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June 21, 2013
Review: Monsters University, a welcomed addition to the Pixar library
— Posted by Ryan
Synopsis: A look at the relationship between Mike and Sulley during their days at Monsters University — when they weren’t necessarily the best of friends.
Monsters University is a prequel to the original film Monsters Inc. and elaborates on the relationship between Mike (Billy Crystal) and Sulley (John Goodman) by bringing things back to where the friendship was first established. Throughout the journey of their friendship there are some heart warming moments and many laughs to which most anyone of any age could relate.
The first thing that I noticed about this film was the crisp animation. It seems as though Pixar continues to get better with age when it comes to their specialty. The colors are vibrant, textures and edges are smooth, and the characters’ motions and expressions are consistent and flawless. I was so caught up in the visuals that I would find myself just staring mindlessly in awe of the beautiful imagery that was being presented to me on screen. For those who may have young children, this is a selling point. The theater I was in had an abundance of children but I heard little to no noise as they all seemed focused on what was on the big screen.
While this may be considered a children’s film, the plot has some very universal humor. Pixar has a way of incorporating adult humor into films intended for child audiences without being offensive. I definitely had some laughs throughout the film. Along with the humor there is a generic but entertaining plot. The theme of the film is very college-centric, so the plot contains a lot of college movie cliches such as fraternities, stereotypical college faculty and classrooms, and parties. The college setting was responsible for a good number of laughs due to the trouble and mischief that Mike and Sulley would get into.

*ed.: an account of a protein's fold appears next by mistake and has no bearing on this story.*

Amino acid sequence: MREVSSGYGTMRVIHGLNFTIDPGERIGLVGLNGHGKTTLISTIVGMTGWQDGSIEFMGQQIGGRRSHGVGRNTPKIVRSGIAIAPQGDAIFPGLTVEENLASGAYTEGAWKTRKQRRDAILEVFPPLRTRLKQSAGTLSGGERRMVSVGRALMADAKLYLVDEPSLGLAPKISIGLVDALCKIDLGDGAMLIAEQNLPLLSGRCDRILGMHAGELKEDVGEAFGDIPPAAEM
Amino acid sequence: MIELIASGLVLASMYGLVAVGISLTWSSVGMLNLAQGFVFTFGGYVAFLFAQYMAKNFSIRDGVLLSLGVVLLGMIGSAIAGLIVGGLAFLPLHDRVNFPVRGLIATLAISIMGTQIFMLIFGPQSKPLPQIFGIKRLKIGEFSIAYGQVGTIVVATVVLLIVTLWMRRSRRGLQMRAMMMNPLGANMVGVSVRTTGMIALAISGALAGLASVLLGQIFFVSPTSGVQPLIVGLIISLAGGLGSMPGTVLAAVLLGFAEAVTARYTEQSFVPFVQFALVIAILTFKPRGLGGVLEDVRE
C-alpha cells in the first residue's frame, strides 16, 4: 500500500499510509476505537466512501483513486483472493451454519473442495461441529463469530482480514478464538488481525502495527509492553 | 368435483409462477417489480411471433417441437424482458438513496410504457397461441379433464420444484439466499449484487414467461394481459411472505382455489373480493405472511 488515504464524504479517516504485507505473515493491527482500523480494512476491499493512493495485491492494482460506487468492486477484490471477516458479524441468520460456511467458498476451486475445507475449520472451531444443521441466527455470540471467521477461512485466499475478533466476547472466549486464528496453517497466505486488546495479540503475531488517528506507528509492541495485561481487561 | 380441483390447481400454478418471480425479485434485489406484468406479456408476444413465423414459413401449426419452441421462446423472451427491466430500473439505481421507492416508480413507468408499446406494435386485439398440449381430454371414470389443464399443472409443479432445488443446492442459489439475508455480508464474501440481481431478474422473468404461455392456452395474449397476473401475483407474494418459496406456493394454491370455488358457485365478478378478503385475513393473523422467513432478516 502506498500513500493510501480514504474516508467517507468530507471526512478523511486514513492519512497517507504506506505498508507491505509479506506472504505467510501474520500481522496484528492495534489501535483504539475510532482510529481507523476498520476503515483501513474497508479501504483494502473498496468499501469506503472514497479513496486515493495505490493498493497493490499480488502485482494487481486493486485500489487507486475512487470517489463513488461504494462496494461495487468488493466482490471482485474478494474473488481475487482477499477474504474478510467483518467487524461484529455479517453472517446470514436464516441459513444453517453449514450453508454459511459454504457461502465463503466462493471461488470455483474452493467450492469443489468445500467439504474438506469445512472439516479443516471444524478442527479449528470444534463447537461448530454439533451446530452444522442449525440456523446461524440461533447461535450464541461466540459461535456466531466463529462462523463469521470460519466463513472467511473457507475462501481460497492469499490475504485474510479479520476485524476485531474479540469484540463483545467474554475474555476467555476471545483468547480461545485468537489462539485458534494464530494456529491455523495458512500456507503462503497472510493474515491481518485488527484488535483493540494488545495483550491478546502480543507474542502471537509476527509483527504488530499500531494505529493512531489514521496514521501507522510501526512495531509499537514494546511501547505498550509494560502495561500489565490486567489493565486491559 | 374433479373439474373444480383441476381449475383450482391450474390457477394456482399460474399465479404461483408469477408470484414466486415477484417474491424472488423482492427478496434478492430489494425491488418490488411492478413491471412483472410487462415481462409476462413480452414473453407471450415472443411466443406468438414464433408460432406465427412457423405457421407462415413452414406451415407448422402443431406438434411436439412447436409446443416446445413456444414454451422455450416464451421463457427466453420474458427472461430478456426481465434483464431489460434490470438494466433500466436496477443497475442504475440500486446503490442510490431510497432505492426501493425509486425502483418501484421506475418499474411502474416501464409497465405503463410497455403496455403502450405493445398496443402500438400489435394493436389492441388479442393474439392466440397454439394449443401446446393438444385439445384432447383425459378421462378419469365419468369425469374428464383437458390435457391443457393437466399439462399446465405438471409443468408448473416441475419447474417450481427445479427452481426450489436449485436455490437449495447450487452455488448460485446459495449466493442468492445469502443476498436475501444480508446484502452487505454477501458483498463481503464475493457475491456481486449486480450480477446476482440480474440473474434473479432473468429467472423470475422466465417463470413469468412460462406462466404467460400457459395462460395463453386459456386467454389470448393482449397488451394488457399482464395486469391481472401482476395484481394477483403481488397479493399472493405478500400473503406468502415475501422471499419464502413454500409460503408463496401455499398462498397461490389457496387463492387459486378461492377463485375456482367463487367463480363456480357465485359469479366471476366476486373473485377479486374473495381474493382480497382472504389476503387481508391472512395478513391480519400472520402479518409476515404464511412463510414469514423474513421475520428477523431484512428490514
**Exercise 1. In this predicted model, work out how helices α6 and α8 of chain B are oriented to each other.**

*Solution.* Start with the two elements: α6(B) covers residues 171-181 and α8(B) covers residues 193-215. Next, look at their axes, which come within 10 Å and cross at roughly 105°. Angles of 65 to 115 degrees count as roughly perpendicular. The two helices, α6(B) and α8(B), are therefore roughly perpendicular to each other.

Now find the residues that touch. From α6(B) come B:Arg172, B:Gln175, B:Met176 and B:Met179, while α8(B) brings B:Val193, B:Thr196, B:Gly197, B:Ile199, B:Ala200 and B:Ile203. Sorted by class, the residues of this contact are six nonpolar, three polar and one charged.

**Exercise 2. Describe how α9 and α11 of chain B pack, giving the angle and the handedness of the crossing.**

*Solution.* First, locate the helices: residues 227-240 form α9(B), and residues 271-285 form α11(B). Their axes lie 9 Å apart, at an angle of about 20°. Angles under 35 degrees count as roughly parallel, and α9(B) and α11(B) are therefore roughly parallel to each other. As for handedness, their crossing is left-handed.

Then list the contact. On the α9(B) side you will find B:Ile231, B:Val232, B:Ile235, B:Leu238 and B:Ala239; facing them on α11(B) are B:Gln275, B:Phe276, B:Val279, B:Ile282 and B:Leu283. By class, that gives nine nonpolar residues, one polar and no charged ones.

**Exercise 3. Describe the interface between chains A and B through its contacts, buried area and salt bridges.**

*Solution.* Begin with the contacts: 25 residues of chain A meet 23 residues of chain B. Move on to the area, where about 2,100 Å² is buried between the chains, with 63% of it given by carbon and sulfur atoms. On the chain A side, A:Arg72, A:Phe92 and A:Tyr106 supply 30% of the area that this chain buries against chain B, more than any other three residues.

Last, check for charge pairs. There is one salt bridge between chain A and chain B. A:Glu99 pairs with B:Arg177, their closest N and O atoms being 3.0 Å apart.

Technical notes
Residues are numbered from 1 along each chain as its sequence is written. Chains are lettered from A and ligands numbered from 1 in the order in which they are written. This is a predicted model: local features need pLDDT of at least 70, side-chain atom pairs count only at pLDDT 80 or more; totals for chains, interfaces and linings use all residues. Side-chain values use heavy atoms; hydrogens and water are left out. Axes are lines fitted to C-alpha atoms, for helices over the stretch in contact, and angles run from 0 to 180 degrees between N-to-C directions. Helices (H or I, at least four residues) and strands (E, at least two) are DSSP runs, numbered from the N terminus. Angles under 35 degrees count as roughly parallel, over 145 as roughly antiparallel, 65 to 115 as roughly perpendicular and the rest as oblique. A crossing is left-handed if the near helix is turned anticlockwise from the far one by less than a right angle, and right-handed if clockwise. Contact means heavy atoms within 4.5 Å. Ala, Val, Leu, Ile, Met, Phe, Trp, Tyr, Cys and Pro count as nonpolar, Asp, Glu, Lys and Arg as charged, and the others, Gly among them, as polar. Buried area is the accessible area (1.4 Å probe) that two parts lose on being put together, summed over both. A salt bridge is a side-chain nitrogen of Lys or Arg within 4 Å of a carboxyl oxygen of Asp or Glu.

With the college laughs, there comes some serious college issues. Issues like not fitting in, the stress of trying to succeed, and the consequences of slacking off. Mike is obviously the studious one while Sulley is portrayed as the slacker. There are moments throughout the film that show the benefits and hardships of being who they are, but their opposing views and ideals were what made them such a great duo in the original film and continue to do so in this film.
Although some themes were generic and simple, it was expected given the intended audience. Overall I enjoyed this film due to its visuals, simple but entertaining plot, and intermittent moments of laughter. It’s not my favorite Pixar film, but its definitely a memorable and enjoyable one. If you have kids, definitely take them to see this. If you don’t have kids, go see it. Either way you will find some kind of appeal when watching this film.
This post was written by :
First and foremost, Ryan Brown is a fan. He has been an avid fan of both the theater and cinema since an early age and his passion for both has been continually growing ever since. When dissecting a film, he focuses on all elements of film-making including some fan/cult factors. He believes that character development is the foundation of a good film and usually starts his analysis of a film from there moving forward. His writing style may be influenced by his background of narrative and argumentative studies in the subject, but he tends to enjoy a more conversational style to better interact with the readers, unlike some other pretentious and pompous writers.
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